On Saturday April 10th Experts from the European Medicines Agency are expected to come to Russia as part of their analysis of the Sputnik V COVID-19 vaccine.

On Sunday April 11th Peru holds presidential and parliamentary elections. The vote is set to put an end to the turmoil in November when the country had three presidents within a week.

Ecuador has a presidential election with the left economist Andres Arauz, the winner of the first round, against the conservative banker Guillermo Lasso.

Chad is holding its presidential elections. Incumbent Idriss Deby is running for the sixth time in a row.

Benin is also holding a presidential election with incumbent Patrice Talon seeking a second term.

What we are following today

Netanyahu's trial. The corruption process of Israeli Prime Minister Benjamin Netanyahu resumes today in Jerusalem. The court expects to hear evidence for the first time. The prosecution is expected to first call witnesses on one case of bribery, the most serious of the three charges. The process takes place the same week that Israeli President Reuven Rivlin is supposed to appoint a party leader to form a government, although there is still no clear path to a coalition in sight.

Lavrov in South Asia. Russian Foreign Minister Sergei Lavrov is on a two-day visit to New Delhi. He will meet his counterpart S. Jaishankar to prepare for a high-level summit between India and Russia later this year. Lavrov will then travel to Pakistan April 6-7, where he will likely discuss the Afghan peace process.

Meeting of the IMF and the World Bank. The Spring Meetings of the International Monetary Fund and the World Bank begin today in a virtual format. The IMF is due to release its world economic outlook on Tuesday, and managing director Kristalina Georgieva has already announced that the group will increase its global growth forecast from 4.2 percent to 5.5 percent due to increased stimulus spending in the US and the ongoing launch of vaccines in the Advanced Economy .

Violence in Chhattisgarh. At least 22 members of the Indian security forces were killed by Maoist fighters known as Naxals on Saturday in central Chhattisgarh state. This is the worst death toll since 2017. Interior Minister Amit Shah has praised an "appropriate response". after the attacks. Kuldiep Singh, the director general of the Central Reserve Police Force (CRPF), said 25 to 30 Naxals were also killed in the fighting on Saturday.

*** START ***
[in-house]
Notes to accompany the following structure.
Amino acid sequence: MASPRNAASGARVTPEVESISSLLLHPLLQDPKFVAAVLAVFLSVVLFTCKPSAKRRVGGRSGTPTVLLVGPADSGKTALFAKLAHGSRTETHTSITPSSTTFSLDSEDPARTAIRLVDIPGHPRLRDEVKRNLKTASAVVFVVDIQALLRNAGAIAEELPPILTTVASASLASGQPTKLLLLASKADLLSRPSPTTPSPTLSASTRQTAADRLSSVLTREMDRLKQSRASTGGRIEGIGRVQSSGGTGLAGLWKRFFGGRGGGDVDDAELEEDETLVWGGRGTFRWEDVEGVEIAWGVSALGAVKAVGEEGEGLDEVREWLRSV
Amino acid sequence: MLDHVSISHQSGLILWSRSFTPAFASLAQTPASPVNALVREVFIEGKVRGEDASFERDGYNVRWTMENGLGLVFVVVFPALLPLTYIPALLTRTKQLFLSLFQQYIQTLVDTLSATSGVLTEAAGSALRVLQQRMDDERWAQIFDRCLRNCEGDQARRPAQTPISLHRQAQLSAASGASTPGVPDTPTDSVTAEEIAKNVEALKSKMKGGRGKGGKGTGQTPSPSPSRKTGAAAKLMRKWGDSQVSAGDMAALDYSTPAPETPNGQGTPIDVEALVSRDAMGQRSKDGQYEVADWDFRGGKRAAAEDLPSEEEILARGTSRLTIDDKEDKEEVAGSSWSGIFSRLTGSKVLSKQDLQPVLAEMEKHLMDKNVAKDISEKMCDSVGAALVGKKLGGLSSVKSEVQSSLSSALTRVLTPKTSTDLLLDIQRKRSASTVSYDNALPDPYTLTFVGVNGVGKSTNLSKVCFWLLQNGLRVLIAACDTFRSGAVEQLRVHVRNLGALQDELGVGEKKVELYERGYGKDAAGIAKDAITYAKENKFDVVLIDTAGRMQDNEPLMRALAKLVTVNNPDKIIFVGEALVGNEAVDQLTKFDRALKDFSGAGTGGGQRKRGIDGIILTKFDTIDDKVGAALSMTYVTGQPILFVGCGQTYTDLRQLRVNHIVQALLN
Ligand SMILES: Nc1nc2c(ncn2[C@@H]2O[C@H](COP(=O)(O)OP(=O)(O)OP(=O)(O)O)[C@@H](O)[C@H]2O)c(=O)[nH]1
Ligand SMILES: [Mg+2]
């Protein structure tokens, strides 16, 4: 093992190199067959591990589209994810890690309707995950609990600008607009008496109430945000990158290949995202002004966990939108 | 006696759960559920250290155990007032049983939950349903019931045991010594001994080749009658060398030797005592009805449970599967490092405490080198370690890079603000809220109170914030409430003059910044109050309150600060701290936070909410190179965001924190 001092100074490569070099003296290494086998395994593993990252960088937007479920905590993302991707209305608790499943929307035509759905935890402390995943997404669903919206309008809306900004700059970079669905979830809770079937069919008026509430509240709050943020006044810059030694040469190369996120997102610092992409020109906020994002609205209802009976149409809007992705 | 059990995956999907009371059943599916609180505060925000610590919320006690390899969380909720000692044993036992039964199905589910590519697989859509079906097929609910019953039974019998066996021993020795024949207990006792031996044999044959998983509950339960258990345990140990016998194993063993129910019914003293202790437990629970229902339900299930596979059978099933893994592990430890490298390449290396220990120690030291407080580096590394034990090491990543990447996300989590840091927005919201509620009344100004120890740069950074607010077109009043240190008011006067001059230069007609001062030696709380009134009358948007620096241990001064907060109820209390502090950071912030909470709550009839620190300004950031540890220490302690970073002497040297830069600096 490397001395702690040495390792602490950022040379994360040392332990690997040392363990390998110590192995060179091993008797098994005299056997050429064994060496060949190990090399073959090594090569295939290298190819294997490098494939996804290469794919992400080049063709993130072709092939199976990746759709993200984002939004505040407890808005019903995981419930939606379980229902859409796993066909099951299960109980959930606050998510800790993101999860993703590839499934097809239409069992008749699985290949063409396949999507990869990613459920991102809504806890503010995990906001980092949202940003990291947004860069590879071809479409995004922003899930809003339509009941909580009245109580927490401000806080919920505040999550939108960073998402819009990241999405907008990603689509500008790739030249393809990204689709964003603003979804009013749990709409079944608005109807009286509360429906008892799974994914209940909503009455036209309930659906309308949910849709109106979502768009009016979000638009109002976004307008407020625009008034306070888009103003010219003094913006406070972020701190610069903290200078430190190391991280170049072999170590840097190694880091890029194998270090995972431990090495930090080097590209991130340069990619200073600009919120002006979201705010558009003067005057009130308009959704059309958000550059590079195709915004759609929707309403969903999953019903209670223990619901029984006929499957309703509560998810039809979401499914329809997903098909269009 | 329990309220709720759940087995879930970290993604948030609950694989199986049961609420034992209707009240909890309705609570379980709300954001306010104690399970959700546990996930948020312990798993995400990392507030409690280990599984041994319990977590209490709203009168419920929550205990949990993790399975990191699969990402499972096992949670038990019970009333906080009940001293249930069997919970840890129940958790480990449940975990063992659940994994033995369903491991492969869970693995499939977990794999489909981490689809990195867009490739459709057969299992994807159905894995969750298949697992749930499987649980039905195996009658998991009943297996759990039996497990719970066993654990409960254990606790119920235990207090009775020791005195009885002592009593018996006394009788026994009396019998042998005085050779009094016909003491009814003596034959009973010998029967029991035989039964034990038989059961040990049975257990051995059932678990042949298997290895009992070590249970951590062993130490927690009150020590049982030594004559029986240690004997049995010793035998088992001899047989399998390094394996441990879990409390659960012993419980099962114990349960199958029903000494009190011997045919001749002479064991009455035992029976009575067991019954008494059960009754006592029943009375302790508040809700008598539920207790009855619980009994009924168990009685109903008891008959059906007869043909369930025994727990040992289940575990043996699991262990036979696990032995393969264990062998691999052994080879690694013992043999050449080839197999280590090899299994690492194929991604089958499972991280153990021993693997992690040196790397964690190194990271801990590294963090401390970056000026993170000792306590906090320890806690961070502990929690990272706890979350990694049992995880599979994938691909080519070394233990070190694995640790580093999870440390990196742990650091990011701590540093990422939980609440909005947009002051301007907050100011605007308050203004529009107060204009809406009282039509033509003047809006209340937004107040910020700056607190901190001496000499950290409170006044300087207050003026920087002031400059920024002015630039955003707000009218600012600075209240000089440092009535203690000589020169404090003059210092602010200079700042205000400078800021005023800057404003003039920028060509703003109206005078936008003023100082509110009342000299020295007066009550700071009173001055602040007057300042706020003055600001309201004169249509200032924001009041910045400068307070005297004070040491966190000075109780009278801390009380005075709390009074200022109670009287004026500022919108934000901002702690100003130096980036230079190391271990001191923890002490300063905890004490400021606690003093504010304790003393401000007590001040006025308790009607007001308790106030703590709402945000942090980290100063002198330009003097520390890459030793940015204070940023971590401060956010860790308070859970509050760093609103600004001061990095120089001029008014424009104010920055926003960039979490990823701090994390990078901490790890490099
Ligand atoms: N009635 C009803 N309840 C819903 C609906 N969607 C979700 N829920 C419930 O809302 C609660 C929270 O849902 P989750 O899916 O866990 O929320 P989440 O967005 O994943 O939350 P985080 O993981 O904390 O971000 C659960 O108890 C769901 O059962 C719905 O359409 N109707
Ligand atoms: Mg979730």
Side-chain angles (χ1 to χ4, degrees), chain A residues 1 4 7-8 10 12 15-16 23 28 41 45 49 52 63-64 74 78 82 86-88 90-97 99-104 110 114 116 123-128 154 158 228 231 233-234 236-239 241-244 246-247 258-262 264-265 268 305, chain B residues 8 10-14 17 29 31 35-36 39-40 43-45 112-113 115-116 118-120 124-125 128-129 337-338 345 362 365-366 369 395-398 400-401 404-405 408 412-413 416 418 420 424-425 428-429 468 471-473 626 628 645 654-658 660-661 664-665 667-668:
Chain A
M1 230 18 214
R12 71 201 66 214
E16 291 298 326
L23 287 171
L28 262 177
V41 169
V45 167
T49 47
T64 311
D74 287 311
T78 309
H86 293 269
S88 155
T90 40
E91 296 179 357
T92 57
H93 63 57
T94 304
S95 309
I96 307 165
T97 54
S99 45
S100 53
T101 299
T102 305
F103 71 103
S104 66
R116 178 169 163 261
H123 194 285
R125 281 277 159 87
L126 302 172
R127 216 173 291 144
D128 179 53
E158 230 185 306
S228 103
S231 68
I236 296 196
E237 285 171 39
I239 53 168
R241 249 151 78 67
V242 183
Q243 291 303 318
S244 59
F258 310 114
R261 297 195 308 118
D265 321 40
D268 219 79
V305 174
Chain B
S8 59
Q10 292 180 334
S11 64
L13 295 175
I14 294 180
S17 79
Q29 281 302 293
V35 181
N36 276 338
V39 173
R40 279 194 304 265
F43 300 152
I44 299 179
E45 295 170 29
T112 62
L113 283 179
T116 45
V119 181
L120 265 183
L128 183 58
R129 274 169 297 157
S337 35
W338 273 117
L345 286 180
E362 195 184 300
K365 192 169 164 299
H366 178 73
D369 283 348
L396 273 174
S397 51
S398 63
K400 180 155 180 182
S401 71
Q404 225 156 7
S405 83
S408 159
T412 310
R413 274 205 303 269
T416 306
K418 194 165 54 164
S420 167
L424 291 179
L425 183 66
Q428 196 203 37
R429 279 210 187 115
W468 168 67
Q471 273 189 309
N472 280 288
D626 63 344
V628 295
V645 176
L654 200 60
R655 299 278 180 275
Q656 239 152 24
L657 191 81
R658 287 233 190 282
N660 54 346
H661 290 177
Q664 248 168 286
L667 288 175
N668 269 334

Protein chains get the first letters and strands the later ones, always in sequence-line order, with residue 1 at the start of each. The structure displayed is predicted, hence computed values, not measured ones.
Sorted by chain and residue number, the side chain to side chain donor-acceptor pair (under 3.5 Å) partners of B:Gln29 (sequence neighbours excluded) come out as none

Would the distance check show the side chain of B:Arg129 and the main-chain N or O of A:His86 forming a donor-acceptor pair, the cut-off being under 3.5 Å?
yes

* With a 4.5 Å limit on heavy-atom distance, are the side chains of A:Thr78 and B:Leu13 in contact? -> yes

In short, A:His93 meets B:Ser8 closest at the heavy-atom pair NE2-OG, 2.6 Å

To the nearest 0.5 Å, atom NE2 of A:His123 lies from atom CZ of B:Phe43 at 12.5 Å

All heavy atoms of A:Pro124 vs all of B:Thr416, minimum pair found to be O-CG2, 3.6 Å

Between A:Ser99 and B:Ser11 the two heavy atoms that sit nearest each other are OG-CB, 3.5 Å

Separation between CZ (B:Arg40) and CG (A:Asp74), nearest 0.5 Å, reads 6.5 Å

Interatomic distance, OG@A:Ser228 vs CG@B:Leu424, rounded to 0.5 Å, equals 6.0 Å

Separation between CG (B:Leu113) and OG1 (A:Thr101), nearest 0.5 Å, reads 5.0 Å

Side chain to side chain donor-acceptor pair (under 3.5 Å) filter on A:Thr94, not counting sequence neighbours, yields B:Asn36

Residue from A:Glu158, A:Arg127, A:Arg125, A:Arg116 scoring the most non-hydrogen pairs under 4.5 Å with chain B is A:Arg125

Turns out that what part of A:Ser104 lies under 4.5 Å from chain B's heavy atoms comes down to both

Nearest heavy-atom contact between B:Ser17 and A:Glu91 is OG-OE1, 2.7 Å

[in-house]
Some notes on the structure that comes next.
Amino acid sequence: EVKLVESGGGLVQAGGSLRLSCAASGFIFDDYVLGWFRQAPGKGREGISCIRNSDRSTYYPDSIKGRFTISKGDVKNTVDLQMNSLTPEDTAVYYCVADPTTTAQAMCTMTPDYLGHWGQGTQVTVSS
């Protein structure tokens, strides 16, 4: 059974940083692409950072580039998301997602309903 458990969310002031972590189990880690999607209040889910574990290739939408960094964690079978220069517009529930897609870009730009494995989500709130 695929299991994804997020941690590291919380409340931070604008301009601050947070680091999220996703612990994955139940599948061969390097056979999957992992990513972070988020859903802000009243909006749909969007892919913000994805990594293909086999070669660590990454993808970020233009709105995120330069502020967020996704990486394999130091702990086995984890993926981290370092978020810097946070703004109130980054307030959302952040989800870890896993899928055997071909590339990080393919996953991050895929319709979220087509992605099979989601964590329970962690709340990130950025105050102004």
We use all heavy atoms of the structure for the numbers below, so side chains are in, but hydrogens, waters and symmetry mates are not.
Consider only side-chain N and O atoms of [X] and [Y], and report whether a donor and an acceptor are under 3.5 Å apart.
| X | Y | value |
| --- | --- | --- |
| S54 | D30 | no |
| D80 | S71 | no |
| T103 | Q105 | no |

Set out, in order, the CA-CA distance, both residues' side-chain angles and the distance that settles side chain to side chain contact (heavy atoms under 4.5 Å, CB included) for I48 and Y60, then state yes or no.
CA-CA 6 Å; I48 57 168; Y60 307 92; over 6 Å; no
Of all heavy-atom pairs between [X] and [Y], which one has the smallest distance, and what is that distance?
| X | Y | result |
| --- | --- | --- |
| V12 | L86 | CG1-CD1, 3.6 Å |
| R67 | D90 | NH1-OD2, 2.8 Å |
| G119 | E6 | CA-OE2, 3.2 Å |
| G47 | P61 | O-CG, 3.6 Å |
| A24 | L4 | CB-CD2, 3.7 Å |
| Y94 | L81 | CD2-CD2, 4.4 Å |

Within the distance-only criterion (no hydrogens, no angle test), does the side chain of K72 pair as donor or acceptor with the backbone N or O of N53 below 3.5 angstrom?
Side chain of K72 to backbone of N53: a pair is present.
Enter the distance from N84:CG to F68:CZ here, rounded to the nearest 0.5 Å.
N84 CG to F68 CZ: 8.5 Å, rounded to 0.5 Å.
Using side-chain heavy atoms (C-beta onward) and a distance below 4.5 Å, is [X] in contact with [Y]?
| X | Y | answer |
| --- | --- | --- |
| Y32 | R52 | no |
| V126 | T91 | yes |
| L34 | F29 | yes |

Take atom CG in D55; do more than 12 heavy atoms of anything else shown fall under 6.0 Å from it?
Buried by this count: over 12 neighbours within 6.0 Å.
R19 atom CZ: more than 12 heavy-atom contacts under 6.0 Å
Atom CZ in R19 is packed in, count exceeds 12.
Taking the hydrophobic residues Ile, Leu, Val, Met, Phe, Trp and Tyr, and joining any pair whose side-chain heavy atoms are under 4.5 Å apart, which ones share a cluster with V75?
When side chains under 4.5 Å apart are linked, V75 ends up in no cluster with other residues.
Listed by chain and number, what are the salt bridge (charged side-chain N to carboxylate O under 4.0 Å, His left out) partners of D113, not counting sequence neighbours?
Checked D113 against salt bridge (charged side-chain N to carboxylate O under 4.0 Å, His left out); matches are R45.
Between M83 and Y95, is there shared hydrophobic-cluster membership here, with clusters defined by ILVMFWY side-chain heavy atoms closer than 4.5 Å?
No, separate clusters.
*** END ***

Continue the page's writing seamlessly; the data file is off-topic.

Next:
Ruttes ructions. Dutch Prime Minister Mark Rutte's hold in power could loosen as a key potential coalition partner ruled out joining a government he led. The chairman of ChristenUnie, one of Rutte's four coalition partners until the election in March last year, said in an interview with a Dutch newspaper over the weekend that they "cannot be part of a fourth Rutte government". It is putting pressure on Rutte to step aside after two other allied parties tabled a motion of censure against him last Friday. The Dutch parliament will appoint an independent coordinator to accelerate the process of government formation this week.

Ghani's plan. Afghan President Ashraf Ghani will propose a three-phase peace roadmap for Afghanistan during the US-backed talks in Turkey, expected some time over the next two weeks. Ghani's plan calls for a ceasefire agreement to be concluded before a presidential election and then a new constitutional framework to be established. The plan differs from the one in Washington, according to which Ghani would be incapacitated by an interim government made up of Taliban officials. The plot stems from the Taliban threatening to resume attacking foreign troops if the United States does not withdraw its military personnel before May 1.

Seoul authorities have ruled that the vandalism of a $ 440,000 painting was unintentional after a young couple painted over part of the artwork when it was on display in a local gallery. Artist JonOne's "Untitled", a 23-foot-wide graffiti-style work of art, comes with brushes and open paint bottles as part of the exhibition. The Korean couple apparently believed the props and artwork were part of a collective display (it was the only unframed piece in the display) and added their own dark green patches.

The gallery officials also monitored the work after the incident. Gallery exhibition director Kang Wook said news of the vandalism coincided with a surge in public interest in the show.

That's it for today.